Saturday, October 2, 2010

Alcohol Tax Increase Vs Marijuana Legalization

Colorado Governor Candidate Tom Tancredo, has publically claimed that marijuana should be legalized. “Legalize it. Regulate it,” said Tancredo. Dan Maes, Tancredo’s main competition, opposes the potential legalization. “If pot was legalized and taxed, the money brought in would probably just be wasted on the expansion of social programs.”

Not to undermine the significance of this issue, but perhaps there is another topic within the drug and alcohol department that’s being overlooked. As cited from my last post (Alcohol Tax Increase), alcohol abuse is the third leading cause of death in the United States while marijuana doesn’t even make the list.

In 1983, Alaska recorded a 29 percent drop among alcohol related deaths following a two-cent per drink increase. Furthermore, Associate Professor David Jernigan’s case study concludes that a 10-cent per drink tax increase will save each state millions in healthcare costs while generating millions in revenues.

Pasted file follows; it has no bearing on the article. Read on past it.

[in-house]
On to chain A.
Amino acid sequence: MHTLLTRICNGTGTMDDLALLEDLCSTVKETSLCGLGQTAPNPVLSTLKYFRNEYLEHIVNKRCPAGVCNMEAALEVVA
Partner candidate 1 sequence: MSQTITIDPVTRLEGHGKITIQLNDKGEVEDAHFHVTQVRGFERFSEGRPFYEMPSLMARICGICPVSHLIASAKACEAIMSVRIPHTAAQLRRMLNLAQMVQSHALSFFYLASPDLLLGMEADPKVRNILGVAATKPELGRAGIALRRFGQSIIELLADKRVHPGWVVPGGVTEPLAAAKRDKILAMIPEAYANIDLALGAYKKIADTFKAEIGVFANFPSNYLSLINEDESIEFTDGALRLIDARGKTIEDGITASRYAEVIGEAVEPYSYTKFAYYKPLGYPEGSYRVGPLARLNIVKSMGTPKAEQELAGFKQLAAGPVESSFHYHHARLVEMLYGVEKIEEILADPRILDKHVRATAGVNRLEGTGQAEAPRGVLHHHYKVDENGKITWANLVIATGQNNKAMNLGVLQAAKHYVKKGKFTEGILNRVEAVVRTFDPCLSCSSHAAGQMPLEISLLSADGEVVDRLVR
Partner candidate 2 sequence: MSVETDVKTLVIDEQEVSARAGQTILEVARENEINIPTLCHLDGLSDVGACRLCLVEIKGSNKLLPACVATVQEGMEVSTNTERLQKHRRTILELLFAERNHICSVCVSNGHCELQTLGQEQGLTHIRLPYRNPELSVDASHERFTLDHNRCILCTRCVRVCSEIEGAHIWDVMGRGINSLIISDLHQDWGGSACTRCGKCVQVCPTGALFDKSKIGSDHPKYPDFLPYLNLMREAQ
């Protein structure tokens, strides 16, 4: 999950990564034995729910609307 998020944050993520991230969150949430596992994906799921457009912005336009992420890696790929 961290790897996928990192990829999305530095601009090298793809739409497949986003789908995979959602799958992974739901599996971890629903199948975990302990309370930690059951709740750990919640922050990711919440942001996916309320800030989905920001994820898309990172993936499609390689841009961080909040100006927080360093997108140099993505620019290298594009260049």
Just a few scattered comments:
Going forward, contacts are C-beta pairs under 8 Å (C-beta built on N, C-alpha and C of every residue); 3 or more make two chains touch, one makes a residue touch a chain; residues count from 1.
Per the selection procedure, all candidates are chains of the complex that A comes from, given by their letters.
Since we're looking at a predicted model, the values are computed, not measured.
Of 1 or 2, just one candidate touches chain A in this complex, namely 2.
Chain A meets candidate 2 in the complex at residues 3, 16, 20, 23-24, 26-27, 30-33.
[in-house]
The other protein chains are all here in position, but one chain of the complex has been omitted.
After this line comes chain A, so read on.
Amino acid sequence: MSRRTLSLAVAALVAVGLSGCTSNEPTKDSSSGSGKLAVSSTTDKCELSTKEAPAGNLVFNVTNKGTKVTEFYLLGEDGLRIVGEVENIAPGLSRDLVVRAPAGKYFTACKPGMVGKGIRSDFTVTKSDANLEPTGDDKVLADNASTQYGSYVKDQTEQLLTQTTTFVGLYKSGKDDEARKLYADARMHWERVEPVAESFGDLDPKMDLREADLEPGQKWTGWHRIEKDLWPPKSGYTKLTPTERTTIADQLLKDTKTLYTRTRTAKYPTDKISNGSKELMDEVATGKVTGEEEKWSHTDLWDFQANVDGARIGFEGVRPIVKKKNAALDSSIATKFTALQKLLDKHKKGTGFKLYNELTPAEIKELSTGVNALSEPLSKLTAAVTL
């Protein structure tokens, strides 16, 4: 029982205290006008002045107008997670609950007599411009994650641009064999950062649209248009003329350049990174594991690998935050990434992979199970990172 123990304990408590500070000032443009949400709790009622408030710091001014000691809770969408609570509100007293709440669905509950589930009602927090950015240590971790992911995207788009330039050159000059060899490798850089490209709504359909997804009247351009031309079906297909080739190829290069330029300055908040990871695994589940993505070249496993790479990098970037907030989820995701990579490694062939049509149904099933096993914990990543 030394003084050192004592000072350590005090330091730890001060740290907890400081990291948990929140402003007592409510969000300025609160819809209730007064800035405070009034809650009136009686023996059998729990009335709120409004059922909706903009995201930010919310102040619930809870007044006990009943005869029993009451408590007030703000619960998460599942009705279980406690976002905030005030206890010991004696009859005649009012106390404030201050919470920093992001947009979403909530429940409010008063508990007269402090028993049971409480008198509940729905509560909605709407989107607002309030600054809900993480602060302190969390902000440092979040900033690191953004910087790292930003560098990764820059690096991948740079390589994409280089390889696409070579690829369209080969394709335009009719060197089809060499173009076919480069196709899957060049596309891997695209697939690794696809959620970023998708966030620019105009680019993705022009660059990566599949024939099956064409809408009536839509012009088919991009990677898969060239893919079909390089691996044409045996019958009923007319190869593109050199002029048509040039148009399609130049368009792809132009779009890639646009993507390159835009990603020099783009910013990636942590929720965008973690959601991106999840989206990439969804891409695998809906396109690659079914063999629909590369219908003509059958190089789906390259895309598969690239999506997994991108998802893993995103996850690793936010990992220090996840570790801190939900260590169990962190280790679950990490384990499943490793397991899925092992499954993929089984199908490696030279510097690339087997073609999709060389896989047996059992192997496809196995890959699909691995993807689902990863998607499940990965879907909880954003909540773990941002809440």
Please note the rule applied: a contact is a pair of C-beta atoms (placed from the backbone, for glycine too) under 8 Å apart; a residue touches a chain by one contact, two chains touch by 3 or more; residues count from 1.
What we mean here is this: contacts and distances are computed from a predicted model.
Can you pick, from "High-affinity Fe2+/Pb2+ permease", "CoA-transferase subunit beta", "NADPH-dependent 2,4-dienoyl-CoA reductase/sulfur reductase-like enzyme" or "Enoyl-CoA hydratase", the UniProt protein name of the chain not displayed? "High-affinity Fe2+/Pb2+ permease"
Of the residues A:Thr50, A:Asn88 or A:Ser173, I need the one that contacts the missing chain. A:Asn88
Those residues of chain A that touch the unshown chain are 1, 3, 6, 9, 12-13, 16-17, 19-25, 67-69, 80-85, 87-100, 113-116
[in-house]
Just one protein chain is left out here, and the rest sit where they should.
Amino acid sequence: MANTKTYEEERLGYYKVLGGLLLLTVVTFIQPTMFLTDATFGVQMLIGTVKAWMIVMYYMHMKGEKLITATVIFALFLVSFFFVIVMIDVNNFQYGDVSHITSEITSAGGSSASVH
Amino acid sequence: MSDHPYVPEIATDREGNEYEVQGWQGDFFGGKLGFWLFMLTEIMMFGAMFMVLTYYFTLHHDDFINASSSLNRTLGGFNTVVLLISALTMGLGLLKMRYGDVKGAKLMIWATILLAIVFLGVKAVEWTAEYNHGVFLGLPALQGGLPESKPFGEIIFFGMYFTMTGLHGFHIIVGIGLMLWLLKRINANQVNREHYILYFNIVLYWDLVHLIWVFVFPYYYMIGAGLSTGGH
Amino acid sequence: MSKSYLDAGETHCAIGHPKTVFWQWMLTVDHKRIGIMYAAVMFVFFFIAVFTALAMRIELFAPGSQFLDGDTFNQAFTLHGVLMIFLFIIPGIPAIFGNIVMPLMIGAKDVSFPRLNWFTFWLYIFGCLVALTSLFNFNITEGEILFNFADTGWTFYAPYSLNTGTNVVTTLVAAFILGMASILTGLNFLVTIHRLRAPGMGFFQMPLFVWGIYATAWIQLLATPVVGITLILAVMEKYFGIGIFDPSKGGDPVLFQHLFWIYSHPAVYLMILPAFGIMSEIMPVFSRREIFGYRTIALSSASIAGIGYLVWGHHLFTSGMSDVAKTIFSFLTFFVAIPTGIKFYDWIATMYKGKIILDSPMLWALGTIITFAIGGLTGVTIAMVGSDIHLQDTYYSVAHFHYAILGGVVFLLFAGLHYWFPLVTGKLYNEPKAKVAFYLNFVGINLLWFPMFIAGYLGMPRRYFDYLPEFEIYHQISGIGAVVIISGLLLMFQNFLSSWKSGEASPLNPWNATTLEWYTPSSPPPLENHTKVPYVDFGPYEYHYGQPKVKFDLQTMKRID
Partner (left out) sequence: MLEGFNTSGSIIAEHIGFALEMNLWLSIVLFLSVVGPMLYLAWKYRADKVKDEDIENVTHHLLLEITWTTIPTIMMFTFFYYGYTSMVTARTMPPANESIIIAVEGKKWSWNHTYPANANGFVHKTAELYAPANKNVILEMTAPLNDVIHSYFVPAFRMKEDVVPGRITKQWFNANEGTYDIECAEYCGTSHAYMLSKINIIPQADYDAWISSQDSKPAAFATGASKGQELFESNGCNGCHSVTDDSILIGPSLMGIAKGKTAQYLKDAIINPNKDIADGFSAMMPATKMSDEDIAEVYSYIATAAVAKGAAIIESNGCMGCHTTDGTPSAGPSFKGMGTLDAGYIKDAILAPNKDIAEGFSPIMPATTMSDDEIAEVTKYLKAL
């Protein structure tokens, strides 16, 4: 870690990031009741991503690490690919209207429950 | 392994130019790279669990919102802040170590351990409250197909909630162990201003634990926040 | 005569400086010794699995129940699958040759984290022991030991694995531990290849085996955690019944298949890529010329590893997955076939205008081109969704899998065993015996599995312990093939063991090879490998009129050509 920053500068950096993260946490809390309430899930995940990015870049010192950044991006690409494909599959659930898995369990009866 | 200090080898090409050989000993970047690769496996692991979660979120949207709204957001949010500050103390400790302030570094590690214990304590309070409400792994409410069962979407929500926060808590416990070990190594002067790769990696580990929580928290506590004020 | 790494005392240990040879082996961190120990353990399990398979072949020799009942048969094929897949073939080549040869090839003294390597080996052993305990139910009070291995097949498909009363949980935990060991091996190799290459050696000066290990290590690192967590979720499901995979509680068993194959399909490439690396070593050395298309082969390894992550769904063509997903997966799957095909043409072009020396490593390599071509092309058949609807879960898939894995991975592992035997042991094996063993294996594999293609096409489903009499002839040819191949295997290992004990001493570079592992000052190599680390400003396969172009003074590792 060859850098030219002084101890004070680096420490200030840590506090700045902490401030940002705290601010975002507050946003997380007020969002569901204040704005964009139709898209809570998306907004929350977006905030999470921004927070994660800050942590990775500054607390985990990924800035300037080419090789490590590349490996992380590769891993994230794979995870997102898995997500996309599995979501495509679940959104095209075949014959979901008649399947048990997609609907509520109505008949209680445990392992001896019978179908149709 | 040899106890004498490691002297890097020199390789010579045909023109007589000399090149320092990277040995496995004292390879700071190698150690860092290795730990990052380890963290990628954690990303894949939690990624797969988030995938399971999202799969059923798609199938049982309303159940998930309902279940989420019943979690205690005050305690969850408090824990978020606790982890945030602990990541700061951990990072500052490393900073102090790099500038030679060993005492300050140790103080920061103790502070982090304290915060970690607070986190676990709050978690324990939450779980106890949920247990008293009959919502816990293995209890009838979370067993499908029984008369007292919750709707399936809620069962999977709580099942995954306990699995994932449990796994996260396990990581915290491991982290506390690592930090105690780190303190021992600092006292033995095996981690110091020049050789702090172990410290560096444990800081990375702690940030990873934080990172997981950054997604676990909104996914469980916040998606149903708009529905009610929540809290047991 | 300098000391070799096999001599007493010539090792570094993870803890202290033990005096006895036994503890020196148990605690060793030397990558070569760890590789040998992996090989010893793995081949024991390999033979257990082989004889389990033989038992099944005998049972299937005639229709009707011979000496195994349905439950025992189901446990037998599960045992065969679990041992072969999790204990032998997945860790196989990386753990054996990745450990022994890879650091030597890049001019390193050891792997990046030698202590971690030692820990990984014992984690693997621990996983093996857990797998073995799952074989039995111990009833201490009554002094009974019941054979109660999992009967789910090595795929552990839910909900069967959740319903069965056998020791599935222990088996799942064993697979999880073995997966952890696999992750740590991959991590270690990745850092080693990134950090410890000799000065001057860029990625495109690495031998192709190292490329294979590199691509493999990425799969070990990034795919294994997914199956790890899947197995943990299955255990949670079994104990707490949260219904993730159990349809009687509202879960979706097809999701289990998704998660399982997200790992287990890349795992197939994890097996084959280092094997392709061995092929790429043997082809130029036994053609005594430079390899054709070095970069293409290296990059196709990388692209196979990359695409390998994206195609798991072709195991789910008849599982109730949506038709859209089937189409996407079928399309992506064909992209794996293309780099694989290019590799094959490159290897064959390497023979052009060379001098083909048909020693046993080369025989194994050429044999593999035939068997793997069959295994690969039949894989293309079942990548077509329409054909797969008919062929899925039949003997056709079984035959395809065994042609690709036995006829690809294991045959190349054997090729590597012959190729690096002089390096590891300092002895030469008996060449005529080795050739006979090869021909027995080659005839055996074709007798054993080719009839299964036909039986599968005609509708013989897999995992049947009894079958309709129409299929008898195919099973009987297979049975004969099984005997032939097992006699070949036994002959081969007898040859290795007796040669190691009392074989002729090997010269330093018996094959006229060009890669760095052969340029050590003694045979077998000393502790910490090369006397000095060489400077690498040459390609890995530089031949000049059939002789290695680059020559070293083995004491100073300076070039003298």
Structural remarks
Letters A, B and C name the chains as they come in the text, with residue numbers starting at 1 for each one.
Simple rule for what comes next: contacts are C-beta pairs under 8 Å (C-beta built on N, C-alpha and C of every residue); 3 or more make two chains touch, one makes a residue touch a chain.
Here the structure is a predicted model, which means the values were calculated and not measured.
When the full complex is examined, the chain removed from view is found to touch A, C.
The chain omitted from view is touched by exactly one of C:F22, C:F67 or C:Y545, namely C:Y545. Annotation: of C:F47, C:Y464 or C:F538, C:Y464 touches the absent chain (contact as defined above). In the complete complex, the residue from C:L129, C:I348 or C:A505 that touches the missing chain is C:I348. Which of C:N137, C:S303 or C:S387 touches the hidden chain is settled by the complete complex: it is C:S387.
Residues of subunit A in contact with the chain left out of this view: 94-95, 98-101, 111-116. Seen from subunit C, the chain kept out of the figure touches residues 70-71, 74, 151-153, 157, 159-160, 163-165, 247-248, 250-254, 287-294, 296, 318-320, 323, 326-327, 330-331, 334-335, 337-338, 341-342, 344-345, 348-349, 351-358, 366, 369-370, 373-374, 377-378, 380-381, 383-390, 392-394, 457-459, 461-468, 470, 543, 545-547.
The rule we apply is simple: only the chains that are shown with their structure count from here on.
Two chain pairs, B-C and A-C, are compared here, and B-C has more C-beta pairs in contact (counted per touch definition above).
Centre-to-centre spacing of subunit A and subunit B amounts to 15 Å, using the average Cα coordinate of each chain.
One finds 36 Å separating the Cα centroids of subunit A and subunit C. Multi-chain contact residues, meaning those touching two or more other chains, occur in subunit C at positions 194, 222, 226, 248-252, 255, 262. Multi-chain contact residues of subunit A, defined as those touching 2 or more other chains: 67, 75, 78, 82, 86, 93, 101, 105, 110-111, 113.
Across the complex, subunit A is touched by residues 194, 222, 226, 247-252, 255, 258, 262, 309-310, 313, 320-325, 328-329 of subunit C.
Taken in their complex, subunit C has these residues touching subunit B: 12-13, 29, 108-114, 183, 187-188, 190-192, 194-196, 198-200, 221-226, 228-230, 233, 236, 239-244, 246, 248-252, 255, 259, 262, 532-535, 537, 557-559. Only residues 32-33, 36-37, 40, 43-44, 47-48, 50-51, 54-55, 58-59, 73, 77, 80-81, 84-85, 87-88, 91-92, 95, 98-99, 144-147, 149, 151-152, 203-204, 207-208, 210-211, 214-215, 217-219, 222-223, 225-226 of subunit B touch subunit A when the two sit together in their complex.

After taking these facts into account and considering our nations current economic state, it would only seem logical for our government to reevaluate their priorities and put more emphasis on a potential alcohol tax increase. However, because of the controversy surrounding marijuana, this isn’t so. Marijuana, illegal, is healthier than both tobacco and alcohol, legal. Enough said.

The facts stated here will be presented to various police officers, college students, politicians, bartenders, dispensaries and doctors within the next several days. Various objects hindering a potential tax increase will unfold.

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